TERRE HAUTE —
A national teacher education organization has reaccredited Indiana State University’s technology and engineering education program.
The National Council for Accreditation of Teacher Education has reaccredited the program through 2020. The recognition indicates that the ISU program meets the national standards set by NCATE, said Kara Harris, associate professor of applied engineering and technology management and coordinator of the technology and engineering education program. The national accreditation allows for program graduates to more easily attain licensures in other states in order to teach technology and engineering in middle and high schools, Harris said.
“It’s a big selling point for our students that they probably don’t realize when they’re looking at schools,” she added. “But when they hit that graduation mark and they’re looking at options as far as where they want to be, it opens up a lot of doors for them, especially being this close to Illinois.”
The technology and engineering education program has undergone changes in recent years that likely facilitated reaccreditation, Harris said. The program has placed a stronger emphasis on engineering coursework, she added, and some students enroll in the program while also seeking different majors to make themselves more marketable.
“We have made our coursework more flexible so students can also achieve a double major while pursuing an education major and still graduate in a reasonable amount of time,” Harris said.
Aspiring educators also attain a great deal of practical experience in the technology and engineering education program. Enrolled students take some coursework in the Bayh College of Education, which includes their student teaching requirements. Yet outreach experiences and community engagement opportunities are incorporated in the classes students take in the College of Technology.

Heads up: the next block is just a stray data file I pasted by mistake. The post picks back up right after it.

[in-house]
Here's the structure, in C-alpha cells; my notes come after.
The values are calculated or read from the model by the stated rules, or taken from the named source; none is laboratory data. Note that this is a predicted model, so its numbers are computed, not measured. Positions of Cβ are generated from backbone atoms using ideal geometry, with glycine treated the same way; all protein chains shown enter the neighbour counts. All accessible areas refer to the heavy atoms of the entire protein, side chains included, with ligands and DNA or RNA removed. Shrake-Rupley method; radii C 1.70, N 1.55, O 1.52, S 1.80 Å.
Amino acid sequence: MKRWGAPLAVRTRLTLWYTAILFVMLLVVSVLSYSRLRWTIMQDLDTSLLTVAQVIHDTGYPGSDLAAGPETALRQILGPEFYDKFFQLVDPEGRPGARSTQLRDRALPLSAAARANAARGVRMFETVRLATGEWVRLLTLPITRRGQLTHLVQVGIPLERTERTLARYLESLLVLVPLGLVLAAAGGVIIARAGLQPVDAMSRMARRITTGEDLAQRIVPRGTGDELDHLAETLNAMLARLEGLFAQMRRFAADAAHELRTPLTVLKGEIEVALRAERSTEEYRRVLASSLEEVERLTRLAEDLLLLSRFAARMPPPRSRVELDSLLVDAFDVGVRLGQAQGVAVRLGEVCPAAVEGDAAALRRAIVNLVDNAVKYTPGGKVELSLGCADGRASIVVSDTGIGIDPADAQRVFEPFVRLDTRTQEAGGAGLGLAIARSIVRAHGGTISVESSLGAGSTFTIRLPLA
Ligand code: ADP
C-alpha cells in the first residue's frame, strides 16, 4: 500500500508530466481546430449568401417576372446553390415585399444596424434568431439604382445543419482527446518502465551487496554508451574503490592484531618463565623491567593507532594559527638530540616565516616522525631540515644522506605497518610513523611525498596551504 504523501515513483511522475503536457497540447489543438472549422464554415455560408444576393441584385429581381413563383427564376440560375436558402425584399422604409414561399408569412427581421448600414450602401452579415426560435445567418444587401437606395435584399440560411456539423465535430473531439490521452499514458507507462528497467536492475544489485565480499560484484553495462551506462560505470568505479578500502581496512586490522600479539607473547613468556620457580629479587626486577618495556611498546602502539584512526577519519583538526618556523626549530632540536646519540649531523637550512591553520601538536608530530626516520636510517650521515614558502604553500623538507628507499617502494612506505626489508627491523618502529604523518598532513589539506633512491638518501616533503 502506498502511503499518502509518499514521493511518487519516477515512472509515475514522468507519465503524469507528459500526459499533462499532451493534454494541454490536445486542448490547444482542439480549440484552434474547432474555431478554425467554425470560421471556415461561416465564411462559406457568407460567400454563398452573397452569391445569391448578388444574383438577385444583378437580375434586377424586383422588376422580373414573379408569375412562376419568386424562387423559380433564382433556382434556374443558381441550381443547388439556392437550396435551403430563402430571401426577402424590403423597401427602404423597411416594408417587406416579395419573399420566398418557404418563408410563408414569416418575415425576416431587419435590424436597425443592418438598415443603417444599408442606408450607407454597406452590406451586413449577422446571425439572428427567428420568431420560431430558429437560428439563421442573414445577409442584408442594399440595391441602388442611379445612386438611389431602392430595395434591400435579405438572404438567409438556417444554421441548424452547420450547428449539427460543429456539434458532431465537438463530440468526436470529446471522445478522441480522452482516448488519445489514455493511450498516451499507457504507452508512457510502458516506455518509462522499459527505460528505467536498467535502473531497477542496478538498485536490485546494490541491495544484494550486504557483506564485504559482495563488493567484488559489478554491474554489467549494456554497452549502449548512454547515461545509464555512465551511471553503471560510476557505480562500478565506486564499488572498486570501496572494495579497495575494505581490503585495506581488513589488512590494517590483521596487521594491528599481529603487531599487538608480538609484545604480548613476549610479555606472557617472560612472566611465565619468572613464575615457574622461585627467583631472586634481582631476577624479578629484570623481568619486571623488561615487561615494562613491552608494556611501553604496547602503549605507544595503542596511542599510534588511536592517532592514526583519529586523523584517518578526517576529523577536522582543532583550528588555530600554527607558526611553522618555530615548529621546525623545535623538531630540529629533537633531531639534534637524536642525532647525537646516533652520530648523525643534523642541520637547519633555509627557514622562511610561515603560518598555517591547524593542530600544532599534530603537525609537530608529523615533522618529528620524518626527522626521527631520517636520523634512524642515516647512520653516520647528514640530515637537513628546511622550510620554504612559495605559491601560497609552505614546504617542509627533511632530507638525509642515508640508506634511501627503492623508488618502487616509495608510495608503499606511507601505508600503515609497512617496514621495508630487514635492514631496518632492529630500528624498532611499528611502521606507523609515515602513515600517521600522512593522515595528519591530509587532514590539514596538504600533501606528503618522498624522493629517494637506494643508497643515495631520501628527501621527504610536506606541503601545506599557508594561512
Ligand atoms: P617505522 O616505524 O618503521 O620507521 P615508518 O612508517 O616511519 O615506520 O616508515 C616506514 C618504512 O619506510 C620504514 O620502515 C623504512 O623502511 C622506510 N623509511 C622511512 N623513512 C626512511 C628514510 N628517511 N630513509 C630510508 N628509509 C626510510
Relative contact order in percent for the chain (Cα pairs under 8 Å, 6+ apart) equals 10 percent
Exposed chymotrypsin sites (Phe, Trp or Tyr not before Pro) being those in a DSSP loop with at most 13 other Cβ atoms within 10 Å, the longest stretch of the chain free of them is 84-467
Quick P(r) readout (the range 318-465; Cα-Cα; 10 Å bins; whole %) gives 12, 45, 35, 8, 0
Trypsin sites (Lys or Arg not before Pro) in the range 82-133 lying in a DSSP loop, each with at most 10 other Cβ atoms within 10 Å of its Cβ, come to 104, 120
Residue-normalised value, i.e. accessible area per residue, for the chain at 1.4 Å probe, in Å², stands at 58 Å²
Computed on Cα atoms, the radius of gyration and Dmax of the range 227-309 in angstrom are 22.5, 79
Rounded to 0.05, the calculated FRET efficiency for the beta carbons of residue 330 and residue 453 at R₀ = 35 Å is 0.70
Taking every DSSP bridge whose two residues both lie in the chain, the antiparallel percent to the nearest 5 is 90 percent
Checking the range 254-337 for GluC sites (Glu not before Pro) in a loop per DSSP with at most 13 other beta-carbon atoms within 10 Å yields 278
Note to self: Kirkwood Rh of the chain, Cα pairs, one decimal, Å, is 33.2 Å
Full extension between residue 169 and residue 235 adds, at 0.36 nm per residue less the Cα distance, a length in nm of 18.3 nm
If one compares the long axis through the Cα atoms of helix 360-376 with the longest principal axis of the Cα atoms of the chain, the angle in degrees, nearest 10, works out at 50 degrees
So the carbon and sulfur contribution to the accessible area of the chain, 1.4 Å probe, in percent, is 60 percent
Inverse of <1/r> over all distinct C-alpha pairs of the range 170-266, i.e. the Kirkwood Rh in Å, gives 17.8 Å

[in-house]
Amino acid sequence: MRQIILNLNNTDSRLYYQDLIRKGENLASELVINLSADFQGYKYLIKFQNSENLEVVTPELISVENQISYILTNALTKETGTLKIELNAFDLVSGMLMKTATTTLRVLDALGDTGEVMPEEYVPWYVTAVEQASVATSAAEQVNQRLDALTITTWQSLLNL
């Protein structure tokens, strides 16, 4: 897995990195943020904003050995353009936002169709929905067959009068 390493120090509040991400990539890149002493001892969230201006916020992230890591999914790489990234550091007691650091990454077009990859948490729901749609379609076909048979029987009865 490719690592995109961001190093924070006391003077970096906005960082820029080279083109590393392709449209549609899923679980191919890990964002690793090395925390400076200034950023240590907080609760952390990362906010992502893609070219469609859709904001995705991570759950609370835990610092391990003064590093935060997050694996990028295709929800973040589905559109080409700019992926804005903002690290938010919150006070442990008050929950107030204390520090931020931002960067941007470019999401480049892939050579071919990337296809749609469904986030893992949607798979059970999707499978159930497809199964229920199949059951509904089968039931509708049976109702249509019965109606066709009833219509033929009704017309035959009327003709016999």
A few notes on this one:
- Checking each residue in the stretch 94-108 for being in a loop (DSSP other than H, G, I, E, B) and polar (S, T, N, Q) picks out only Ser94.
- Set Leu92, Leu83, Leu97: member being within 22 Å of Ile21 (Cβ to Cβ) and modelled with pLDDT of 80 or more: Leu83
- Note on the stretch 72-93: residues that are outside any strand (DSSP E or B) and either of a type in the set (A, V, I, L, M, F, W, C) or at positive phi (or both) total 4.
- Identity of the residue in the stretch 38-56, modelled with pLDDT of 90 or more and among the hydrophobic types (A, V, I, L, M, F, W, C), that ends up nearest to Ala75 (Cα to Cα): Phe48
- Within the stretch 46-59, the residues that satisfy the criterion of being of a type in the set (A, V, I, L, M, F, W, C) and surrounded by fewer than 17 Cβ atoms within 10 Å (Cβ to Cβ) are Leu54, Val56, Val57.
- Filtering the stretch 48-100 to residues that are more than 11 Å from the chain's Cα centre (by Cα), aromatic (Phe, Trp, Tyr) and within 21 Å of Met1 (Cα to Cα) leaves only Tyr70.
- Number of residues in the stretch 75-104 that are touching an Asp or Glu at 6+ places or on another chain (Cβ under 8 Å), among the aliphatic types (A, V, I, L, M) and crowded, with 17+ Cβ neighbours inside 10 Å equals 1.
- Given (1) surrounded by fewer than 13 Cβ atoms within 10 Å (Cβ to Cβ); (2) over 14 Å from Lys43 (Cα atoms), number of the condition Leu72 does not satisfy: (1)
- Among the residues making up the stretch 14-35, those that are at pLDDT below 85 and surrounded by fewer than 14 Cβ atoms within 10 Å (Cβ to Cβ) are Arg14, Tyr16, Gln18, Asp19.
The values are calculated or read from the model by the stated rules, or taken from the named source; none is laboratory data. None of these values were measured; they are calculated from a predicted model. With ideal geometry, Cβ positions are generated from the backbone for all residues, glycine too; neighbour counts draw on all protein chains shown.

Students in recent classes have worked with the Terre Haute Children’s Museum on providing programming for the young museum visitors and Indiana State students have worked with schools in Vigo and Sullivan counties.
“Depending upon which course it is, the areas we focus on will vary, and they change because the nature of technology changes and the needs of the community change,” Harris said. “We change our outreach opportunities each time we offer a course.”
The program submitted its report last spring before receiving word about the nearly decade-long reaccreditation. The NCATE standards are beneficial, as they provide benchmarks “so we know what we’re teaching is relevant to the rest of the nation,” as people from around the country review the program and provide perspective as part of the accrediting process, Harris said.
The accrediting organization reviews a combination of programming curriculum, field experience and community engagement requirements and standardized test scores in the review process, along with connections to professionals in the field.
“They’re also looking to make sure that students are getting links to professional organizations, so that we are not only giving our students content,” Harris added, “but we’re also arming them with those tools that they’re going to need once they get out there in the professional community to continue their learning.”